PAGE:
Hmm…where do I feel home? I feel in both countries at home, but in a different way, in different aspects of life. When talking about relations between human beings, how well people host their family, friends, relatives, strangers, with warmth and pleasure, I feel more home in Sarajevo, but regarding other daily aspects of life, how people behave at work, the relationship with my colleagues, how things are regulated and structured in government institutions, and so on, I am inexplicably happy I live in Amsterdam.
Another one, Adna Omerbegović, moved few years ago to work in Milan, Italy. She graduated on airspace engineering in Kuala Lumpur and she got to know three different mentalities. I asked her what does she like in Italy and what in Malaysia?
Adna: I was only eighteen when I arrived to Malaysia with an aim to become an engineer within four years. But that was not all I had in mind. I was looking forward to living in a country so far from my mother land, I wanted to learn Bahasa Melayu, as well as to try different kinds of food, get to know different cultures and people. And I did. It was a real adventure; I have traveled South East Asia, got to know and like Malaysian culture and way of life, and made a lot of friends. When I boarded the plane to Bosnia, I knew I did all I had planned when I first came to Malaysia. But, it was not all fun and games. Aside from very demanding program at university, there were times I felt rather lonely and homesick.
I came back to Bosnia and I was planning to settle here, to find a job and start living a “real life”. But then a job opportunity came and it included moving to Italy for some time. I have accepted it, wanting to extend my Malaysian adventure. Even though my decision was based on the experience I would have gained, closeness was an important factor in my decision-making process. And I did not regret for going there; I live in a dreamland for many people, I have learned another language and got the experience I have wanted.
If I compare living in Malaysia and Italy, I must say they were both nice places to live. I had more fun in Malaysia, I have gained more friends, maybe because I was five years younger and I lived in a campus with students from all around the world. In Italy I have arrived when I was already 23, to a company where most of the people were a lot older thn me, and I did not have a chance to make a lot of friends. However, Italian mentality, food, heritage, and lovely land is what got me to like the place I live at.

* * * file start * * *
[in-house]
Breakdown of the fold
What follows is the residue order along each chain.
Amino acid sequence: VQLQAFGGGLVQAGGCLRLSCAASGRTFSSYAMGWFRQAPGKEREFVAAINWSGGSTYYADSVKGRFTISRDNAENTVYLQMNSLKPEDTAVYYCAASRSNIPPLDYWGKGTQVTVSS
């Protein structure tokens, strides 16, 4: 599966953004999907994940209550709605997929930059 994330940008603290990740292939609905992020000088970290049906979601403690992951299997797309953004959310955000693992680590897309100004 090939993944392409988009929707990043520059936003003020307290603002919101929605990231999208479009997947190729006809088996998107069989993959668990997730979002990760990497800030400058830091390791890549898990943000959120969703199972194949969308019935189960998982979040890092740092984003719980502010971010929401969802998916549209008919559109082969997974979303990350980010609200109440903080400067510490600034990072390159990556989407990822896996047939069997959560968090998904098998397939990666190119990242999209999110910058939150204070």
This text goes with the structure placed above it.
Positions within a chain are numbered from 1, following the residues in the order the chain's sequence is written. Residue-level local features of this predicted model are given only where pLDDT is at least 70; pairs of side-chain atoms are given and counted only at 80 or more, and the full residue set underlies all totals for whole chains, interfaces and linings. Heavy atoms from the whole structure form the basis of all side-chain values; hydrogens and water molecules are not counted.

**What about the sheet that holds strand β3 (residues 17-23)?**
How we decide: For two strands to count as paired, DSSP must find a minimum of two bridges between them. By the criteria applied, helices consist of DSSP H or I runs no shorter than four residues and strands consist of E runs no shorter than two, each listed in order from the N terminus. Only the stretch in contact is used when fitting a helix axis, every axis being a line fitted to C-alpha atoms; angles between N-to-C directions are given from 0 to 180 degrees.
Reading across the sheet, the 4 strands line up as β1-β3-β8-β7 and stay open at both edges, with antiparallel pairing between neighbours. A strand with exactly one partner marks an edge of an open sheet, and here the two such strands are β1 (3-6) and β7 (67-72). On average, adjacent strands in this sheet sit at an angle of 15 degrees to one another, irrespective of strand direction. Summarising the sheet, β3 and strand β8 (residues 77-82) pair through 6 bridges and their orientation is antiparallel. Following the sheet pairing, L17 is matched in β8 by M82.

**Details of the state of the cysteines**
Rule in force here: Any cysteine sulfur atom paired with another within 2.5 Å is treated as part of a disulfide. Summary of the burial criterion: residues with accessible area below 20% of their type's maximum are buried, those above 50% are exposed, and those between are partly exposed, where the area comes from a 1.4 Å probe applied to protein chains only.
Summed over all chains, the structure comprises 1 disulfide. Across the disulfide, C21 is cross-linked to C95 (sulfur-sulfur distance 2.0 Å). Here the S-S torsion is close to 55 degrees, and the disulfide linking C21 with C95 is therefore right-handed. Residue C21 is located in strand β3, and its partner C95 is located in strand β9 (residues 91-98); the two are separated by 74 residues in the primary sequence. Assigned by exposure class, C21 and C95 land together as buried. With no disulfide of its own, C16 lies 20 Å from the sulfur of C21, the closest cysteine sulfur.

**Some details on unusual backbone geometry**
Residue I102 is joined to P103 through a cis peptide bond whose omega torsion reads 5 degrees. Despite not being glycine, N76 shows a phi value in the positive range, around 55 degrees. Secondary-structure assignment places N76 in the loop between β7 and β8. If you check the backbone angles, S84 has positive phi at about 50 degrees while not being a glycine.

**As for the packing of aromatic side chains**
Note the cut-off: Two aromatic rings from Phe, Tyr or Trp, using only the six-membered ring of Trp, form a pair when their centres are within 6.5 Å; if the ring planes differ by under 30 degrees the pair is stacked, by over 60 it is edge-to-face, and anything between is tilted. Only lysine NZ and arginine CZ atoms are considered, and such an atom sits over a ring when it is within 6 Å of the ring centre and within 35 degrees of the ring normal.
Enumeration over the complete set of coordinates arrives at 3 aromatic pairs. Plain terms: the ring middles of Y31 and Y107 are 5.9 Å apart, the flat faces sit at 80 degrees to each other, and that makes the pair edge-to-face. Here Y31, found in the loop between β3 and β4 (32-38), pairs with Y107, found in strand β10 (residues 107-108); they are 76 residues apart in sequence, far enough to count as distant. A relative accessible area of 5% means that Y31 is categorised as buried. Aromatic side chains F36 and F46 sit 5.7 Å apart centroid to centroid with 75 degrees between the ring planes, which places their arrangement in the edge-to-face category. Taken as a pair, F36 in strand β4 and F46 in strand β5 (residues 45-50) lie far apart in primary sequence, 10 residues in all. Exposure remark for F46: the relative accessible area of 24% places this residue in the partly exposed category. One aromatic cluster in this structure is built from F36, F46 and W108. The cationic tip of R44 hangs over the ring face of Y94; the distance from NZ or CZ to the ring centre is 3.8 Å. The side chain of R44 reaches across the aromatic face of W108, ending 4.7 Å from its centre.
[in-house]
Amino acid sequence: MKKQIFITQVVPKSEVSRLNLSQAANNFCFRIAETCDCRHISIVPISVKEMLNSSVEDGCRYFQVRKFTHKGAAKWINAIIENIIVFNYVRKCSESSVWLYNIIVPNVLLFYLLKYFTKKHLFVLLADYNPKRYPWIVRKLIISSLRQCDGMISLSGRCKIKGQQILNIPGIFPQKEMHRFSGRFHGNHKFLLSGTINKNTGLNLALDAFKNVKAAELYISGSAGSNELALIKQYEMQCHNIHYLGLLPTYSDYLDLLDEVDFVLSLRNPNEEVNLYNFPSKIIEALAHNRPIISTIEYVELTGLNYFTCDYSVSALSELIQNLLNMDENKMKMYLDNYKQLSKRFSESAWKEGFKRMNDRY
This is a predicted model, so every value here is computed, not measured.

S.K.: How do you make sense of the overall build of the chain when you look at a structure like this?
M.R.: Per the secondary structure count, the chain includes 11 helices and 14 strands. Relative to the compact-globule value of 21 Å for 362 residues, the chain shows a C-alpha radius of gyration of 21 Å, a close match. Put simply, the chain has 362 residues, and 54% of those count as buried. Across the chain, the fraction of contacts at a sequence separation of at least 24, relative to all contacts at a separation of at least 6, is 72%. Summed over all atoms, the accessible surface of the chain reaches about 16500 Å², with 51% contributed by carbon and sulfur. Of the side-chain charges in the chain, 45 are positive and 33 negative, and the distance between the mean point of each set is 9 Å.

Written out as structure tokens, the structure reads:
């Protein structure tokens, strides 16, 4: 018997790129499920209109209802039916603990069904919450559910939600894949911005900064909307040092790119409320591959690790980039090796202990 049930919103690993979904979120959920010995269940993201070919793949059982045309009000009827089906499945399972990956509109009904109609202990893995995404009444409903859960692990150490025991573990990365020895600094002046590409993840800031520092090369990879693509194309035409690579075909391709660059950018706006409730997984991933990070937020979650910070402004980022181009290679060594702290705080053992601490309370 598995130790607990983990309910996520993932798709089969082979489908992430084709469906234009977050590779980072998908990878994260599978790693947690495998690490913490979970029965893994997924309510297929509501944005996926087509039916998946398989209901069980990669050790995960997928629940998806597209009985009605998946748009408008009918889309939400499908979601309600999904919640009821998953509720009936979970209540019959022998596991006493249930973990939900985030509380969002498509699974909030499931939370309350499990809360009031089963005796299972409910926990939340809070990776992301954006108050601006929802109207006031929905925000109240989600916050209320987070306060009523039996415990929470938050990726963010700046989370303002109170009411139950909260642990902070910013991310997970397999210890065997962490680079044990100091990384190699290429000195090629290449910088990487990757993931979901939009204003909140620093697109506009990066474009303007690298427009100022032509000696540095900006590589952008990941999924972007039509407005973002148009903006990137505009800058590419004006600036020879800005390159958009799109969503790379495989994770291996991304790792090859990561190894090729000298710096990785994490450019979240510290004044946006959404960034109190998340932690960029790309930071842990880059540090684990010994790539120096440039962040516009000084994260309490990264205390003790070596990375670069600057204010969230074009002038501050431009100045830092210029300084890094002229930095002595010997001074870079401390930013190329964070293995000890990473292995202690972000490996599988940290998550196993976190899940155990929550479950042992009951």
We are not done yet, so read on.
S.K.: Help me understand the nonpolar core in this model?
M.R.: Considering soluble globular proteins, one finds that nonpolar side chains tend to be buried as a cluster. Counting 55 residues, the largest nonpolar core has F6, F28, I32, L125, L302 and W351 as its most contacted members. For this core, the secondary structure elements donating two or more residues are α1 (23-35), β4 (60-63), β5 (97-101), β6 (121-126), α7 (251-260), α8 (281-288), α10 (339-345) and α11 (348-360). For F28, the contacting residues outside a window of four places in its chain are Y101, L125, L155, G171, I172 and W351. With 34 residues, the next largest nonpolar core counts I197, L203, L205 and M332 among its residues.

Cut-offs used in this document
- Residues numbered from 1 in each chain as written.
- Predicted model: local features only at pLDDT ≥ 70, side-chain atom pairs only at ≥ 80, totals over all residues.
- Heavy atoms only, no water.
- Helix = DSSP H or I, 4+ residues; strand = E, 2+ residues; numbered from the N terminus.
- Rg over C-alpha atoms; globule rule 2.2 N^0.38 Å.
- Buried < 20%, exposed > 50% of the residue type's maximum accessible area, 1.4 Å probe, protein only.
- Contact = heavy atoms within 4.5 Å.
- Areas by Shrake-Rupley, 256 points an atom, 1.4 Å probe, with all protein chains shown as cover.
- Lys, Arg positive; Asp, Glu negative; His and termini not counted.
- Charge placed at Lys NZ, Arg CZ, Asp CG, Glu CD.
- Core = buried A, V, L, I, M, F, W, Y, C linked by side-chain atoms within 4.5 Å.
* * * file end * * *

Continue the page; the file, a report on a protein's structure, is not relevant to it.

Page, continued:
Me: Do you plan to move back? If yes, why, if not, why?
Adna: Maybe the appropriate answer to this question is maybe yes, maybe no.
Since I did not live in Bosnia for last seven years, my habits, way of thinking and way of life have developed and are different from those common in Bosnia, I am sure it would take time to get used to Bosnian way of life. I believe that living away from home and family has thought me to be independent, to rely only on my capability and to be true to myself.
However, no matter where I live, I will be Bosnian. I will always have Bosnian coffee in the morning and sip it slowly, just like my grandmother used to do. Bosnian food will be always my favorite. I will always be proud of my ancestors. I will always speak Bosnian and be proud of my language.
Adna and Vedrana both have problems in their own country, where they feel as foreigners. “Motherland is this one where you feel good” is the old phrase. In my opinion, and I am sure that Adna and Vedrana agree with me, people should feel as home wherever they live and behave like they will stay there whole their life. Everything else is loss of time and energy.